As the Trump administration prepares to formally move on its plans to cut the federal mileage and emissions standards, the move could become moot as more states work out deals of their own with the auto industry.
Colorado is the latest to strike a deal with automakers, following California’s move last week. On Monday, Colorado formalized a deal to adopt California’s zero-emission vehicle (ZEV) requirements after earlier talks had ended without a deal.
“This agreement will ensure that Coloradans have access to the range of clean car choices that are increasingly available to consumers in other states,” said Colorado Transportation Department Executive Director Shoshana Lew.
This time, General Motors, Volkswagen, Toyota and Hyundai agreed to terms on the program that starts with 2023 model-year vehicles. The deal permits automakers’ electric vehicle sales to earn them creditors toward the overall goals.
The program requires manufacturers to produce and deliver for sale a certain number of zero emission vehicles. The deal follows the path established by California’s deal with Ford, Honda, Volkswagen and BMW last week. Both were driven by the auto industry’s desire to have some clarity about the standards.
The Trump administration delayed its plans to implement a more lax standard about four weeks ago. There had been some rumblings it was prepared to move forward on the lesser rules, as well as eliminating California’s ability to set its own mandates, in recent days. However, for now, the administration is still spinning its wheels.
“The Trump Administration believes strongly in a national fuel standard that promotes safer, cleaner, and more affordable vehicles. The Federal government, not a single state, should set this standard,” White House spokesman Judd Deere told Bloomberg in an emailed statement. “We are moving forward to finalize a rule for the benefit of all Americans.”
Mary Nichols, who heads up the California Air Resources Board, said last week she hoped that the deal California reached would be seen as an olive branch by the Trump administration rather than the state thumbing its nose at Trump, the National Highway Traffic Safety Administration and the Environmental Protection Agency.
However, the it seems it was taken as a slight by the EPA, at least.
“Today’s announcement from CARB has no impact on EPA’s regulation of greenhouse gas emissions under the Clean Air Act,” Michael Abboud, an EPA spokesman, said in an email to Bloomberg. “This voluntary framework is a PR stunt that does nothing to further the one national standard that will provide certainty and relief for American consumers.”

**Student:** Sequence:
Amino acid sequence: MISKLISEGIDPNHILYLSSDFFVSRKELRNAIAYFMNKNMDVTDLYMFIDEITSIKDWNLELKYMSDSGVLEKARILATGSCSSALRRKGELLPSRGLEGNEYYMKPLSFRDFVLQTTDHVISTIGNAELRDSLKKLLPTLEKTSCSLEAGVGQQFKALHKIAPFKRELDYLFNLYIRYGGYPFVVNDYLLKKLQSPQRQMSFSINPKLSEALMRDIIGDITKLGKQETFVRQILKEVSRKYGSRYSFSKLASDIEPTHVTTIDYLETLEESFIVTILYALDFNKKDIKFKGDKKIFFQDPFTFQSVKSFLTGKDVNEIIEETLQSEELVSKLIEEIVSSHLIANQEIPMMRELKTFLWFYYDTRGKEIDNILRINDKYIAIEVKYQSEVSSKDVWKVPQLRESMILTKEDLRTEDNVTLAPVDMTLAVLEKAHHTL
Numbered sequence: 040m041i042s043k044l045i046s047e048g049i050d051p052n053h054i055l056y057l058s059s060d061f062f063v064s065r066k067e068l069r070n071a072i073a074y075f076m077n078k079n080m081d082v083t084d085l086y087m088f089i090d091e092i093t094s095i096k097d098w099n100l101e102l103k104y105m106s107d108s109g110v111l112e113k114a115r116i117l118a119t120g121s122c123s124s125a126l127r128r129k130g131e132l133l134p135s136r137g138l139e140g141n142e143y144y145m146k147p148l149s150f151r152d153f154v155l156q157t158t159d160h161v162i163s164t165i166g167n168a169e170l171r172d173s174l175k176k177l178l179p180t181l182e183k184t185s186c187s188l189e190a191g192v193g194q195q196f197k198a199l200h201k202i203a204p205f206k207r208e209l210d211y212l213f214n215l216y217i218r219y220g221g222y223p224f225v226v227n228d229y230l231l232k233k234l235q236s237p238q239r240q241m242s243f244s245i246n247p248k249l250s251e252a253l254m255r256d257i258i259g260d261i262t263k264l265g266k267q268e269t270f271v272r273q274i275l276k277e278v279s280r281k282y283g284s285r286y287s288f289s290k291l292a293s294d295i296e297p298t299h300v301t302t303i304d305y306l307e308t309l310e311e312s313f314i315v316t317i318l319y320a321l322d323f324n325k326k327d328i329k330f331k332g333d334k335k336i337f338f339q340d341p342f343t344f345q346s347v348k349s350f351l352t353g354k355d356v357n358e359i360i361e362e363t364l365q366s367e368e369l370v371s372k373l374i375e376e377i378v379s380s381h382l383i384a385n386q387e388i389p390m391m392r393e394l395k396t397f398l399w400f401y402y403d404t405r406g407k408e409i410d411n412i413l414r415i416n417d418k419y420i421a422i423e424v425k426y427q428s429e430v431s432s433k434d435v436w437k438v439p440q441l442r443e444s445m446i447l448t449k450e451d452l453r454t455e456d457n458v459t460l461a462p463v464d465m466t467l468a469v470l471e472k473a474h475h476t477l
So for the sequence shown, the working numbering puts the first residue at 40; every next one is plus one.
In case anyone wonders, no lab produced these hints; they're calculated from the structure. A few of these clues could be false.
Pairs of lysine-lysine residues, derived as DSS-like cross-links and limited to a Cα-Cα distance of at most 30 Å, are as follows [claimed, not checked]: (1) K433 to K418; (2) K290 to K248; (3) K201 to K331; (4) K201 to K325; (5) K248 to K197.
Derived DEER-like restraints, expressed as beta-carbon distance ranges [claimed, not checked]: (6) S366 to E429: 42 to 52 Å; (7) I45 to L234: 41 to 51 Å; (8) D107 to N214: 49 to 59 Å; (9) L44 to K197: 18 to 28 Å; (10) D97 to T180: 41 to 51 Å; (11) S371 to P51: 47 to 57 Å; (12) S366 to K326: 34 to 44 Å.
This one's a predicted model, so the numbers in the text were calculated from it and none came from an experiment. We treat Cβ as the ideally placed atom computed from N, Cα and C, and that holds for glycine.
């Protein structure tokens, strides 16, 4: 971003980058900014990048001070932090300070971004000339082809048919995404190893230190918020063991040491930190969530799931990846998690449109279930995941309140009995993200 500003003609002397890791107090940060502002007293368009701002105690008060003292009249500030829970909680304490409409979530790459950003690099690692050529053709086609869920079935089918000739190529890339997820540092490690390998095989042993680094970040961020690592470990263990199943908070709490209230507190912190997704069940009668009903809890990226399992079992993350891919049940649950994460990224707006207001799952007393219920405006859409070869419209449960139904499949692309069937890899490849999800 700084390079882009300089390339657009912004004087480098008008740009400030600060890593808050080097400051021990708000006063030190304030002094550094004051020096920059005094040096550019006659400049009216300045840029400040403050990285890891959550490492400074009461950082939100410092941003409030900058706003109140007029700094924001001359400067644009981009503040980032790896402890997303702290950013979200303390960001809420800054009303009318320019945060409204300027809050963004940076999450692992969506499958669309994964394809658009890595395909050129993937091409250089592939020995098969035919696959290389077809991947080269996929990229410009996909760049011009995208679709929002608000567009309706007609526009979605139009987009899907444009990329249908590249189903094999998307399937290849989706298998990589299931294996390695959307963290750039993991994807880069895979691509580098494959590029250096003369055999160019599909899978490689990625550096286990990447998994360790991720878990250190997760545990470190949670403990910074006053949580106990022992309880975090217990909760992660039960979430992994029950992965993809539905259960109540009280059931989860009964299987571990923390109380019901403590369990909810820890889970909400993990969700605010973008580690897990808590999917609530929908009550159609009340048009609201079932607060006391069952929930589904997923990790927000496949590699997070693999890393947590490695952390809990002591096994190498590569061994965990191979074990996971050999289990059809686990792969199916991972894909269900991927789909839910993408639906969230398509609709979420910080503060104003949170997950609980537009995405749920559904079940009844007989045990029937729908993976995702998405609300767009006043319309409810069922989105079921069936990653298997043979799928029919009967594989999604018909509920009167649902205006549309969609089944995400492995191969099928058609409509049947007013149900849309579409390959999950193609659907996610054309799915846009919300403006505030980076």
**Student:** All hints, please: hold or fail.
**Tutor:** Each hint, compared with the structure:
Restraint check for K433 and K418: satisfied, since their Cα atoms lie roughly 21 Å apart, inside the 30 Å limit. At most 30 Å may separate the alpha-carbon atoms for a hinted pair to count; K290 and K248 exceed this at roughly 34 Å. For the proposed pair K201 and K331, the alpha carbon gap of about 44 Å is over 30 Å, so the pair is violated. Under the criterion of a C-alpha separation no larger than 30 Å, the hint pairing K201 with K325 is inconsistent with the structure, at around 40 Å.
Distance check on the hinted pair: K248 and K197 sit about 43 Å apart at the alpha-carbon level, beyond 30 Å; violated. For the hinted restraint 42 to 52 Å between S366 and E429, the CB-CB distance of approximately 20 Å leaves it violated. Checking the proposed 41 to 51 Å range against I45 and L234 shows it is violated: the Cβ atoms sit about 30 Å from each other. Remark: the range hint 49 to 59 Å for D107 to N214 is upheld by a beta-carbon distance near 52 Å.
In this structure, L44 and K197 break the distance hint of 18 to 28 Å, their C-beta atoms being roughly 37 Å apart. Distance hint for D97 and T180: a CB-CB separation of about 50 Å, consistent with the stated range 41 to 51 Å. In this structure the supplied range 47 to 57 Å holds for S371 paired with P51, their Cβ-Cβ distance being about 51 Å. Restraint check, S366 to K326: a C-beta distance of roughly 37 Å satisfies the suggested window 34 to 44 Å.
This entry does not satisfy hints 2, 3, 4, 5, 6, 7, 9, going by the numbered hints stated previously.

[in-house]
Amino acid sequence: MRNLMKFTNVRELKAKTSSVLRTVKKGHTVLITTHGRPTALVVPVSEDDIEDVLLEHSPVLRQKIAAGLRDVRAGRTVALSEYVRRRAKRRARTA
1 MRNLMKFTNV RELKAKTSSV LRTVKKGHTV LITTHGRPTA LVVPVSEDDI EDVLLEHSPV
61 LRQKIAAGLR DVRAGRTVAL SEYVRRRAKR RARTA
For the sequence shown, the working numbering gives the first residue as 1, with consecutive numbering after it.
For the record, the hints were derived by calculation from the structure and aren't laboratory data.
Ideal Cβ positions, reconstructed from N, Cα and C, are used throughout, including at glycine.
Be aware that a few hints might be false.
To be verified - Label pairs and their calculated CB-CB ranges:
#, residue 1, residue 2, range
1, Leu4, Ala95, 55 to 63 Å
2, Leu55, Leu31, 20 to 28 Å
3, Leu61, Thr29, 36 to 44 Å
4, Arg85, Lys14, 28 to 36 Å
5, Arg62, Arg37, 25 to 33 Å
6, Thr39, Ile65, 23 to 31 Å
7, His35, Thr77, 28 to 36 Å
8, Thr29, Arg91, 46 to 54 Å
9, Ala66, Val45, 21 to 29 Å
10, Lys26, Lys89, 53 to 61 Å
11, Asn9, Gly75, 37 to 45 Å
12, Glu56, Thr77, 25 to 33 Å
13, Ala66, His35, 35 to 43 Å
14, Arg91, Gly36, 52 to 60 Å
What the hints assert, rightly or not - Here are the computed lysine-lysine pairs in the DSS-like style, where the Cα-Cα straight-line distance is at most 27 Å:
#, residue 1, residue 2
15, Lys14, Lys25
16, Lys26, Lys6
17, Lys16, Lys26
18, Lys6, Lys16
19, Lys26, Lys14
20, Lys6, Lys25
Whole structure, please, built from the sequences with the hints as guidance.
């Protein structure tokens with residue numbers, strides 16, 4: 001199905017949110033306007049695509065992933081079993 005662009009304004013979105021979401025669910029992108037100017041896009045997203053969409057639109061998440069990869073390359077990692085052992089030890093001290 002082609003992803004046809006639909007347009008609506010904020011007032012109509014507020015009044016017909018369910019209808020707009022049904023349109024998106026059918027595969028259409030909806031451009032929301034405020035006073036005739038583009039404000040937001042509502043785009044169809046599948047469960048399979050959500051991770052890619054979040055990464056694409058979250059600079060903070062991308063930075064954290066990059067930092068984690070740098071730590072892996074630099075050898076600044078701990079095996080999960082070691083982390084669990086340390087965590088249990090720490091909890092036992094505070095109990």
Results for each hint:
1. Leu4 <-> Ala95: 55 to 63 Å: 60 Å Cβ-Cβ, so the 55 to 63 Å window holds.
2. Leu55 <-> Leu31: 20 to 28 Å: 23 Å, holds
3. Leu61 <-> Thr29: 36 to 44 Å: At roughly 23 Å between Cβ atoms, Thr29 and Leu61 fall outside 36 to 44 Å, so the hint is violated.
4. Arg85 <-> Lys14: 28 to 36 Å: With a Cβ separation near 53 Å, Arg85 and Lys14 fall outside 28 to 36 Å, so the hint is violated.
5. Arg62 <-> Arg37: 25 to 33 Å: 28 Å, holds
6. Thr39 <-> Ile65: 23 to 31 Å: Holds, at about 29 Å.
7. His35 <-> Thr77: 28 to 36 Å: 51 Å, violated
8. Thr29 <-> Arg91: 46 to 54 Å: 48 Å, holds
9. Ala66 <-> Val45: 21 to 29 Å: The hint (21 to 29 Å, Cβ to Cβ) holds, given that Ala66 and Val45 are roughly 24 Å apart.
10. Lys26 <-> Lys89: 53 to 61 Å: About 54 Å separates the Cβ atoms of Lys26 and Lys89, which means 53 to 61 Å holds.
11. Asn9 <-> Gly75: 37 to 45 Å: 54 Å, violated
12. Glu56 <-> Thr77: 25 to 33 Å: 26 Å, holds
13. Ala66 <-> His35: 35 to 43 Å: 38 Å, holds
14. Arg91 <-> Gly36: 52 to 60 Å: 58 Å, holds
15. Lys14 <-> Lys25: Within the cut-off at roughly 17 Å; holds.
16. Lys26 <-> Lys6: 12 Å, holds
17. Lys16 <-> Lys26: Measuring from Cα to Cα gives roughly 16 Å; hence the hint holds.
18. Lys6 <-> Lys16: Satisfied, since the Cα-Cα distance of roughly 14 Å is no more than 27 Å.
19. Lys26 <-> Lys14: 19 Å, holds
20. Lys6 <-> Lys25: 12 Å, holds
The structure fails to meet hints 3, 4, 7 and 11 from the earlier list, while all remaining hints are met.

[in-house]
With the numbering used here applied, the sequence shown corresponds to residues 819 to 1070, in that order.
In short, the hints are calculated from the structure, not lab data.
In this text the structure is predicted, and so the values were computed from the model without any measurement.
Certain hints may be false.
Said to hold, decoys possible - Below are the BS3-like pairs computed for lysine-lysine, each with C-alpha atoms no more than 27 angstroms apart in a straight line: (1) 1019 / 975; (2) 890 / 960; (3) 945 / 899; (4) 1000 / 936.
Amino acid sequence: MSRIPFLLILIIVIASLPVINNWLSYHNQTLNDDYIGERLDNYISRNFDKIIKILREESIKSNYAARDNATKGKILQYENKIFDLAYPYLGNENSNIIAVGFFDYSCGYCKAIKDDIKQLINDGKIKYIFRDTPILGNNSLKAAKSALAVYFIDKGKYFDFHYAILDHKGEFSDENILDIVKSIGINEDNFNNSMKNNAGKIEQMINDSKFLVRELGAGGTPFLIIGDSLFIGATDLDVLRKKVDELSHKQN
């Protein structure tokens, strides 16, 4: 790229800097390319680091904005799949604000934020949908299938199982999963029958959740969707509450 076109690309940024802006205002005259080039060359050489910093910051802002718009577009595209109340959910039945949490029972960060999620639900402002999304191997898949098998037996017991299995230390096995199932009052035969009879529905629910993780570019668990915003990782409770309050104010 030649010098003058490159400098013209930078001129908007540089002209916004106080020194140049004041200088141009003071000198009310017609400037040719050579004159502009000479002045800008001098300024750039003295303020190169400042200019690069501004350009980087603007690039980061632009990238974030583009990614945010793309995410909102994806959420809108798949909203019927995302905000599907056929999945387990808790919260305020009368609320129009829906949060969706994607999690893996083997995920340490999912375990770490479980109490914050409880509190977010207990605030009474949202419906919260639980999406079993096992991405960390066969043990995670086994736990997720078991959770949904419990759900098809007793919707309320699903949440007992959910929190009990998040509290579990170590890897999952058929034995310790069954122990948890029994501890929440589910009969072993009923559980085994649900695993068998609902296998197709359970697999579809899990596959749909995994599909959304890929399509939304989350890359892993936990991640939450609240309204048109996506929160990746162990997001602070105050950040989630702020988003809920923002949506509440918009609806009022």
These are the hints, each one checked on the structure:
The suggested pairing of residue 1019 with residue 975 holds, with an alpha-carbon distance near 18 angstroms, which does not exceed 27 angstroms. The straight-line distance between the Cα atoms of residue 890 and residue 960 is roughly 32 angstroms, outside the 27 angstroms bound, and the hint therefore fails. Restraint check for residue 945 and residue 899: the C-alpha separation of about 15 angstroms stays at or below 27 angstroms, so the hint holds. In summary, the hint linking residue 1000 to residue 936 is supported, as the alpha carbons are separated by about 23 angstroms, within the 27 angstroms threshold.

NHTSA officials added that work continues on a final rule with which all companies must comply.
In the meantime, the 18 states that said they would fight the Trump administration’s attempt to weaken the regulations saw another – Colorado – charge ahead with plans to ensure it gets the higher standard it desires. It did so by compromising with automakers and meeting some of their needs, such as infrastructure and a more moderate time frame for improvements.
“All of this was made possible by the fact that Colorado has one of the highest adoption rates of electric vehicles in the country as well as the largest electric vehicle incentives for consumers to buy or lease a ZEV,” said the Alliance of Automobile Manufacturers and the Association of Global Automakers in a joint statement.
The two groups represent nearly all of the automakers selling vehicles in the U.S. They noted the deal came together in part because the automakers saw the commitment from the state to ensure there would be a viable infrastructure for EVs.
“Colorado also has an expanding electric charging infrastructure, which will grow over the coming years based on legislation that was enacted earlier this year. Additionally, it is very helpful that the state has committed to developing a clean transportation plan to support the increased adoption and sale of ZEVs, including the state’s commitment to increase the number of ZEVs in its fleet of vehicles.”
Colorado’s new rule must now be approved by the state’s Air Quality Control Commission at a meeting later this month.